And third, in any case, it is true that the "founding fathers" assumed that the form of government they were founding would work best (if not only) if both the governed and the governors held to high moral principals -- which in that time and place meant "Christian" principals. Nevertheless, they seemed to understand that raising a personal commitment to a national priority would be disastrous. Hence the First Amendment.


Robert F. Koehler - 5/31/2005


If you are using "Republicanism" in its 18th century meaning as diversly understood within the zeitgiest of the time, which I believe you do, than I cannot disagree with the contents of your post.


Robert F. Koehler - 5/31/2005


I'll not go so far as to say that what died with the founding generation "deserved to die." What they agonized, suffered, fought and slaughtered each other over was true for them, and only them. As for some bogeyman, culprit, movement or group as a scapegoat upon whom to solely pin the "bulk" of todays follies & woes of contemporary American culture & society, those who point fingers should take a long, hard, merciless look in the mirror first. That we would "deeply disagree" would not be surprising, or for that matter of any lasting or significant importance.


Thomas W Hagedorn - 5/31/2005

Schweikart's article is supported by the political, religious and intellectual history of the founding generation and the early republic. James Hutson had done a lot of work on government practices that openly endorsed Christianity. Mark Noll and Henry May before him show the hegemony of Christian thought in America from the Revolution to the Civil War, whether you call it the the Didactic Enlightenment (May), Scottish Common Sense Realism, or the Christian Enlightenment (Noll). It is hard to read documents in these periods and not see generous doses of Christian rhetoric (along with Republicanism).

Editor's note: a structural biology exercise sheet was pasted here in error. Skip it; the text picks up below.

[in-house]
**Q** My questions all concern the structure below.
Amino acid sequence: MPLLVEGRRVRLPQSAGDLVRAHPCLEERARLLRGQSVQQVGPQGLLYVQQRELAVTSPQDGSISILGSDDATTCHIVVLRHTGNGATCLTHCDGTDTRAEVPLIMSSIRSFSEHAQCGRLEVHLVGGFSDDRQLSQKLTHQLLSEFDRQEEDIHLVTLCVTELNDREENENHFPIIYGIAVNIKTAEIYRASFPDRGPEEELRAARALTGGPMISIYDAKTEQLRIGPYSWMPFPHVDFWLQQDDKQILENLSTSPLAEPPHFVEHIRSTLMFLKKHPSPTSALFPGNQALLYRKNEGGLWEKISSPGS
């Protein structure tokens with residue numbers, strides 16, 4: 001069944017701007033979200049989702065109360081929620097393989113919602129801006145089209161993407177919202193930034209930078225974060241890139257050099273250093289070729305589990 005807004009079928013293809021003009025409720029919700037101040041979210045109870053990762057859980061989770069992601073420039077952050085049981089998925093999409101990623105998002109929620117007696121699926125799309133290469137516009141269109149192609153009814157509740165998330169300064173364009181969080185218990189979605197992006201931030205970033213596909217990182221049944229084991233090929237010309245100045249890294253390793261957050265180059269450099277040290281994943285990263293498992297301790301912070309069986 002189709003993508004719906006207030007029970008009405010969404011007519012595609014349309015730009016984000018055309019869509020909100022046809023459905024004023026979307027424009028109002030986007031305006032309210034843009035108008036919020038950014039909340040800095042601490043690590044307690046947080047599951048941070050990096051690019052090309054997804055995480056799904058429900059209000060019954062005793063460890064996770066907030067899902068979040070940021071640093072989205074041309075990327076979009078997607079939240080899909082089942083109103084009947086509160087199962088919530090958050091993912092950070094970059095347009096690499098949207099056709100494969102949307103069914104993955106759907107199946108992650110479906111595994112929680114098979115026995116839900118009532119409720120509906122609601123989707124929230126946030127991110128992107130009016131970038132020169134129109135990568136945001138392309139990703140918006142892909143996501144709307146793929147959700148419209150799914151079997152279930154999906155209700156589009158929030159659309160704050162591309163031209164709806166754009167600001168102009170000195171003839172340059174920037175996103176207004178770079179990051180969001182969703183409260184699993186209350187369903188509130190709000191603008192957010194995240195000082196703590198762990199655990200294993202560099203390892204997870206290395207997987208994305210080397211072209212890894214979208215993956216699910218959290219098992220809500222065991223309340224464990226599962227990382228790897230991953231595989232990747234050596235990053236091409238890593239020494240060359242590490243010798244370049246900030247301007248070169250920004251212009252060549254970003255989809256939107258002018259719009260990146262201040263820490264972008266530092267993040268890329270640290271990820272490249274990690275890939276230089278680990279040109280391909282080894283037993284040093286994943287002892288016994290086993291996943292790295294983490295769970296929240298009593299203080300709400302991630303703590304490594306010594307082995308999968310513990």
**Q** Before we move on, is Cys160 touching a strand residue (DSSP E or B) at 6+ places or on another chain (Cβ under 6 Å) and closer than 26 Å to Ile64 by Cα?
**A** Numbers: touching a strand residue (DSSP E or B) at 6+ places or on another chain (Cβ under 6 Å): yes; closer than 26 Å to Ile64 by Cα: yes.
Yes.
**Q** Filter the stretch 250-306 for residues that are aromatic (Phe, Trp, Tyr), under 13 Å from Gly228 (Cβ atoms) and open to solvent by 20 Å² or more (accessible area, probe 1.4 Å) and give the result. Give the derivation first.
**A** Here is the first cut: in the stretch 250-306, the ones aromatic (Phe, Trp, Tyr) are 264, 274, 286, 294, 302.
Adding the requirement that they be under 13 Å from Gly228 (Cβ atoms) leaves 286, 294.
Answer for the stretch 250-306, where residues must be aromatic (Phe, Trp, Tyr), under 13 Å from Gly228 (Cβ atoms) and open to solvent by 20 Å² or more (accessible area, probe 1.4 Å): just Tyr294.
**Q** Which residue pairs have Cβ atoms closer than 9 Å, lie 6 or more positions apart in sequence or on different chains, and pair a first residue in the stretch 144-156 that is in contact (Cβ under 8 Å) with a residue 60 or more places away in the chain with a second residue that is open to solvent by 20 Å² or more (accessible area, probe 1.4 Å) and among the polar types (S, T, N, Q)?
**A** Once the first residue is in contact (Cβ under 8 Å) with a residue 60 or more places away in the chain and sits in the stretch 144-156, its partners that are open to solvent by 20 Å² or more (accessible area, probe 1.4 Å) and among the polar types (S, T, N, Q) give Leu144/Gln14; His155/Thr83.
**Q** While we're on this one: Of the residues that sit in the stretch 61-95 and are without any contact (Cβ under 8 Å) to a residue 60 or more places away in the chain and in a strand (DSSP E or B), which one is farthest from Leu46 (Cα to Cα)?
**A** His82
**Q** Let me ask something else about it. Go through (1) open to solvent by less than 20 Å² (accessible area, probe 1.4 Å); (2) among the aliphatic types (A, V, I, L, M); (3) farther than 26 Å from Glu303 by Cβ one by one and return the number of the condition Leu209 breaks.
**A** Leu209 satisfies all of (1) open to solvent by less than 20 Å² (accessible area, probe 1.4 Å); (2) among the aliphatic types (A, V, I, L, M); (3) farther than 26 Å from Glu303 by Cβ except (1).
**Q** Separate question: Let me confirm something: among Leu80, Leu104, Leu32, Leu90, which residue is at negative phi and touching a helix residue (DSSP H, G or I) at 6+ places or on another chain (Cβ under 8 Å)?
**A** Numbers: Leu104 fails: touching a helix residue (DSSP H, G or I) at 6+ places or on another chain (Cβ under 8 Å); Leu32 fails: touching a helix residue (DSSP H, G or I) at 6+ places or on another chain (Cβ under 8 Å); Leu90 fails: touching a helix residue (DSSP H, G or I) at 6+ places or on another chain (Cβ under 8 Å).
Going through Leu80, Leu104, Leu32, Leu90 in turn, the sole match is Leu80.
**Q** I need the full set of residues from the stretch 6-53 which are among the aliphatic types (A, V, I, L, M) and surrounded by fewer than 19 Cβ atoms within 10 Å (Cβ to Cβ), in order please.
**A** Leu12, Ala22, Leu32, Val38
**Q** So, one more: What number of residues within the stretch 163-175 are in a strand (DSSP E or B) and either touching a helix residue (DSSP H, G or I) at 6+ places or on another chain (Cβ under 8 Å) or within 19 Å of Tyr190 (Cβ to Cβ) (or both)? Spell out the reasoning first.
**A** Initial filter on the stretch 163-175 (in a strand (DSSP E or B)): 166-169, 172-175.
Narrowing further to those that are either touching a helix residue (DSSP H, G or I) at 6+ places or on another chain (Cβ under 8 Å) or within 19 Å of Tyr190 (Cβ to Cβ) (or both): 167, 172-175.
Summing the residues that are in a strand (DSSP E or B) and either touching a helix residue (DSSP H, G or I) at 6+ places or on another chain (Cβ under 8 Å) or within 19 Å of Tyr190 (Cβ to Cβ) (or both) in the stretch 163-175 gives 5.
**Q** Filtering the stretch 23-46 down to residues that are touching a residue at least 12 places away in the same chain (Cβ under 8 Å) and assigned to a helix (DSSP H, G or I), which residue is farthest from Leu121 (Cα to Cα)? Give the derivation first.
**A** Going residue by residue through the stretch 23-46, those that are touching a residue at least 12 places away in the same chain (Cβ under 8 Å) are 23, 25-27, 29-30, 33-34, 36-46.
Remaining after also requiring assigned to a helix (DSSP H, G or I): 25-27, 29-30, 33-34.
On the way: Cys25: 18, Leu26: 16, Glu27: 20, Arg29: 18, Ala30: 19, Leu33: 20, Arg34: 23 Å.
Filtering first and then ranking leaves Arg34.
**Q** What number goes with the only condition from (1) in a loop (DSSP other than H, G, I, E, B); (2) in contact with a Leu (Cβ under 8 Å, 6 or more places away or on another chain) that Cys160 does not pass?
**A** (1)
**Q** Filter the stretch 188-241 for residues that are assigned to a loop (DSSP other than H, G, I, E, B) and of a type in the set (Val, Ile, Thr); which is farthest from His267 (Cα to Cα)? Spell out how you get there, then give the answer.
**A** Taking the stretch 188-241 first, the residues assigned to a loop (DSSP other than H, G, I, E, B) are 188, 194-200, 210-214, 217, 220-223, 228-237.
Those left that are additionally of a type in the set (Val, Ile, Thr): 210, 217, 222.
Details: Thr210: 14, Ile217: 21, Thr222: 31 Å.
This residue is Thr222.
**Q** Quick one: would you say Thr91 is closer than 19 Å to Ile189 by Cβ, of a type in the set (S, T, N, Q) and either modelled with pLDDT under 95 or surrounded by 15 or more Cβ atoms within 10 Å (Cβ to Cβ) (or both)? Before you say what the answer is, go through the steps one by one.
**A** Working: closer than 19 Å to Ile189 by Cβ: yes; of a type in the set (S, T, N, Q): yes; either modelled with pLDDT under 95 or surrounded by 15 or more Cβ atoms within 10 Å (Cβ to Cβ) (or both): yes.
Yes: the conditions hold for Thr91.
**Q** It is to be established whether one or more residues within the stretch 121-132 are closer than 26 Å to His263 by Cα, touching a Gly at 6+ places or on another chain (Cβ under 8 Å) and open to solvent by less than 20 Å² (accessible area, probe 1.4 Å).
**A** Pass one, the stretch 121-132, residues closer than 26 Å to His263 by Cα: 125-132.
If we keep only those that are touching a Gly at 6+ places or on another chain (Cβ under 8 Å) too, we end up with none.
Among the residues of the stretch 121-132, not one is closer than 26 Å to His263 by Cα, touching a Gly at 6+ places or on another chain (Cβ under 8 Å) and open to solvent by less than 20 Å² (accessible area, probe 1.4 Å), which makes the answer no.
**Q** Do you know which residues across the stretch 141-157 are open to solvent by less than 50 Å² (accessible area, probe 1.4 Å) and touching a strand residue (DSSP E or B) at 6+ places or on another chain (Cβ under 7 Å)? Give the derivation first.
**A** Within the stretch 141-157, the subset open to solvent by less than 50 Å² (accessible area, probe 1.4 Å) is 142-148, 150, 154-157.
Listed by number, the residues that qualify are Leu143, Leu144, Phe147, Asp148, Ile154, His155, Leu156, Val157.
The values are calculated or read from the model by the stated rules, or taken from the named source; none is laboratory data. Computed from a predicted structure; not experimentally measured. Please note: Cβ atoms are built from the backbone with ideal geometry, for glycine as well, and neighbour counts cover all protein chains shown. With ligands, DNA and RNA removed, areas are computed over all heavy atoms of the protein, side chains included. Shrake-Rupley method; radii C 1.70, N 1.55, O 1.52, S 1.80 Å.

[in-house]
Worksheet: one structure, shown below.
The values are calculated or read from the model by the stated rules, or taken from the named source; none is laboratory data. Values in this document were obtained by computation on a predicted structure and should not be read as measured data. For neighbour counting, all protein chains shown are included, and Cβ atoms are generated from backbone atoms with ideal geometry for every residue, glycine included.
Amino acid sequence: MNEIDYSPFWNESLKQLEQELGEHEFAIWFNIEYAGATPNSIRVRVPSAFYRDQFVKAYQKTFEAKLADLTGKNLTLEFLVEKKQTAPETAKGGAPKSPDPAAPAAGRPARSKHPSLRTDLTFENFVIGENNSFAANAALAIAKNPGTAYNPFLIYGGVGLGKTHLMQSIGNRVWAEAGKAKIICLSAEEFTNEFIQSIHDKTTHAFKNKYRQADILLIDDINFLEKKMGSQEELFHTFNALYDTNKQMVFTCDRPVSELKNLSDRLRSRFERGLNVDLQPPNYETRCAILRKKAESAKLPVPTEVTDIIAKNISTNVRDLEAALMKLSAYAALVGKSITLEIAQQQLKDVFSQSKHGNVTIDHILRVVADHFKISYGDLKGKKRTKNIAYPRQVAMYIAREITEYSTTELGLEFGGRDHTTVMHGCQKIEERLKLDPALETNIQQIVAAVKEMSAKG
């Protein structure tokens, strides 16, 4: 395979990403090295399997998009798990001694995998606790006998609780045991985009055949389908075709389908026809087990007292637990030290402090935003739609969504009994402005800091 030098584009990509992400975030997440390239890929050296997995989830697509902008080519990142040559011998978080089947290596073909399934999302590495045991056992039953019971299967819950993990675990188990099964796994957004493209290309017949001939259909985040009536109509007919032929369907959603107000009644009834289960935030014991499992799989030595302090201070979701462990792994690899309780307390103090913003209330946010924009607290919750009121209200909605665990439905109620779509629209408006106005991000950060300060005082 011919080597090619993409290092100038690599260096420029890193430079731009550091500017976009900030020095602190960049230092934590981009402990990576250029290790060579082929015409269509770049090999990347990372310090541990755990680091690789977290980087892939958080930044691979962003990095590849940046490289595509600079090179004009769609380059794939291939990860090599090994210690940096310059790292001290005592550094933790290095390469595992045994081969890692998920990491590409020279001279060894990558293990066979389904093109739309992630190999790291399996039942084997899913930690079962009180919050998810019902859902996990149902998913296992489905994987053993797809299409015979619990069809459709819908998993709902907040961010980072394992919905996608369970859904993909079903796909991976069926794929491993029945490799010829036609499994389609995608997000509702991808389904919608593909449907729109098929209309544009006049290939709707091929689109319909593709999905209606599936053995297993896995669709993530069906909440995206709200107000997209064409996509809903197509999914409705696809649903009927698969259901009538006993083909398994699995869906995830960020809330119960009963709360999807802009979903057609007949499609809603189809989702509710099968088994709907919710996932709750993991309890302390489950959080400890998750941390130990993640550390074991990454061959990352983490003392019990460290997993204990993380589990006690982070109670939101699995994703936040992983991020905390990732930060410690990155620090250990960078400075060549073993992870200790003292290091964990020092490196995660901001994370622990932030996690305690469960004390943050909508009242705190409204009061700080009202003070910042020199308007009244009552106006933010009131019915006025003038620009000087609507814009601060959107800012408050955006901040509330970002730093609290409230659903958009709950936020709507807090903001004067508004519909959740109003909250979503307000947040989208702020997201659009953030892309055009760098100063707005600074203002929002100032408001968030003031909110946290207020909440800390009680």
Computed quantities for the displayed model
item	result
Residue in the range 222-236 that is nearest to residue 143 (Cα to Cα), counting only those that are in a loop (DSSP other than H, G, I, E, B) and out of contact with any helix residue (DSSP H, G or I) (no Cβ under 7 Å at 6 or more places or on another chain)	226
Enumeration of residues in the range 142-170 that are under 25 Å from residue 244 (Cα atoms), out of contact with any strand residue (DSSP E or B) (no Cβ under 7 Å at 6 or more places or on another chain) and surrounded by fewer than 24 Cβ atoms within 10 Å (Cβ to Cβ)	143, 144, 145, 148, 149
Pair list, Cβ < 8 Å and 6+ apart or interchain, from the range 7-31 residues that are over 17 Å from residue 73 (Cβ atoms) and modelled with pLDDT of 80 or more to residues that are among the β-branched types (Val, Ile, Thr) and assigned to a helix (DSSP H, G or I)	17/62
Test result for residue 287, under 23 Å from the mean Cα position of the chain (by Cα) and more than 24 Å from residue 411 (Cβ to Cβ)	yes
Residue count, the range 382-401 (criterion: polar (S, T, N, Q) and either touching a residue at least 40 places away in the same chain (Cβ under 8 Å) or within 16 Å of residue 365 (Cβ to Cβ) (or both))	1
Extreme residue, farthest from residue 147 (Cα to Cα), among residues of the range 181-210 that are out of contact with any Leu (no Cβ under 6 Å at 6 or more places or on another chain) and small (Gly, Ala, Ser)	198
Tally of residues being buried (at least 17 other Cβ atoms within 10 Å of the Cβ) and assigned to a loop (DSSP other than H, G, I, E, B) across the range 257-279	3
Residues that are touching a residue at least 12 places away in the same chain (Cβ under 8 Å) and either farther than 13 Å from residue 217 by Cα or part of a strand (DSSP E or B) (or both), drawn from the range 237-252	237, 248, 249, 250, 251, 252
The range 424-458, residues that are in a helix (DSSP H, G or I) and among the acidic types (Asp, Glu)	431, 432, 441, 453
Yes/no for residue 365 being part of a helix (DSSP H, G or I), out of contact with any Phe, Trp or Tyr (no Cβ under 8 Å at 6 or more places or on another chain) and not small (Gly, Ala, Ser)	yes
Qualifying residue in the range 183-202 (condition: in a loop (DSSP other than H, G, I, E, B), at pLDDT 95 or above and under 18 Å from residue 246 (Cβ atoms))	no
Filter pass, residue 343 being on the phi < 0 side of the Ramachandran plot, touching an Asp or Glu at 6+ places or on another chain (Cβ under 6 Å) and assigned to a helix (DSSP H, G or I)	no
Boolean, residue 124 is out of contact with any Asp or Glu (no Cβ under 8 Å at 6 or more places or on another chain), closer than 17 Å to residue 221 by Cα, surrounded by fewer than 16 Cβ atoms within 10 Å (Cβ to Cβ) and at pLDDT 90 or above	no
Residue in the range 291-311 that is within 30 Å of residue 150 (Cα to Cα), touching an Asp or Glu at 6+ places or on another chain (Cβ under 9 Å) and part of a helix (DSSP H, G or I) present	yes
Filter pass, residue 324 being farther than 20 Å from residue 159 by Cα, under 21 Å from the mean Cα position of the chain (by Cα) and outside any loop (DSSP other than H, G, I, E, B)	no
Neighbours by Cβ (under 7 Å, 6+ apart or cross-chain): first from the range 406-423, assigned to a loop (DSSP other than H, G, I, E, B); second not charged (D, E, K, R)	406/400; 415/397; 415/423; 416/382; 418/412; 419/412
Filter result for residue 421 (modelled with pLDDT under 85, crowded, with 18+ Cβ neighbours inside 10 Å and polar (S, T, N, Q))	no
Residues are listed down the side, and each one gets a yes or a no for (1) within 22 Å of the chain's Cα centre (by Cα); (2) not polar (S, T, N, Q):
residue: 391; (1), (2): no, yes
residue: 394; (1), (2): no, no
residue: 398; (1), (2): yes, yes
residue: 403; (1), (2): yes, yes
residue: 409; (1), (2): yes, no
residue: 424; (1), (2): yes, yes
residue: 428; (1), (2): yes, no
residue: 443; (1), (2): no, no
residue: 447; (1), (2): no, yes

The term Christian Nation can get the blood boiling and needs to be carefully explained (I prefer not to use it because of its 21st century baggage), but in many respects we were a "Christian nation". To the extent historians have missed early Christian influences at the expense of secularism and revolutionary philosophy, they have really missed the mark badly.

Jefferson and Paine obviously made great contributions to the U.S. but philosophically, they and their ideological freinds filled a very small room.


Jonathan Dresner - 5/31/2005

Some of what they built deserved to die -- three-fifths compromise, etc. -- but as to who bears the bulk of responsibility for the rends and clefts of society today, I suspect that we would deeply disagree.


Paul Noonan - 5/30/2005

If the author is correct in his statement that half of the signers of the Declaration of Independence had "divinity school training" this presumably simply reflects the fact that those who had attended college had to take mandatory religion courses. I believe that all colleges in the colonies in the middle third of the 18th Century (when those founders who had the benefit of higher education would have been attending college) were basically religious institutions. It is certainly incorrect to imply that the mere attendance at such an institution implies an intention to seek ordination.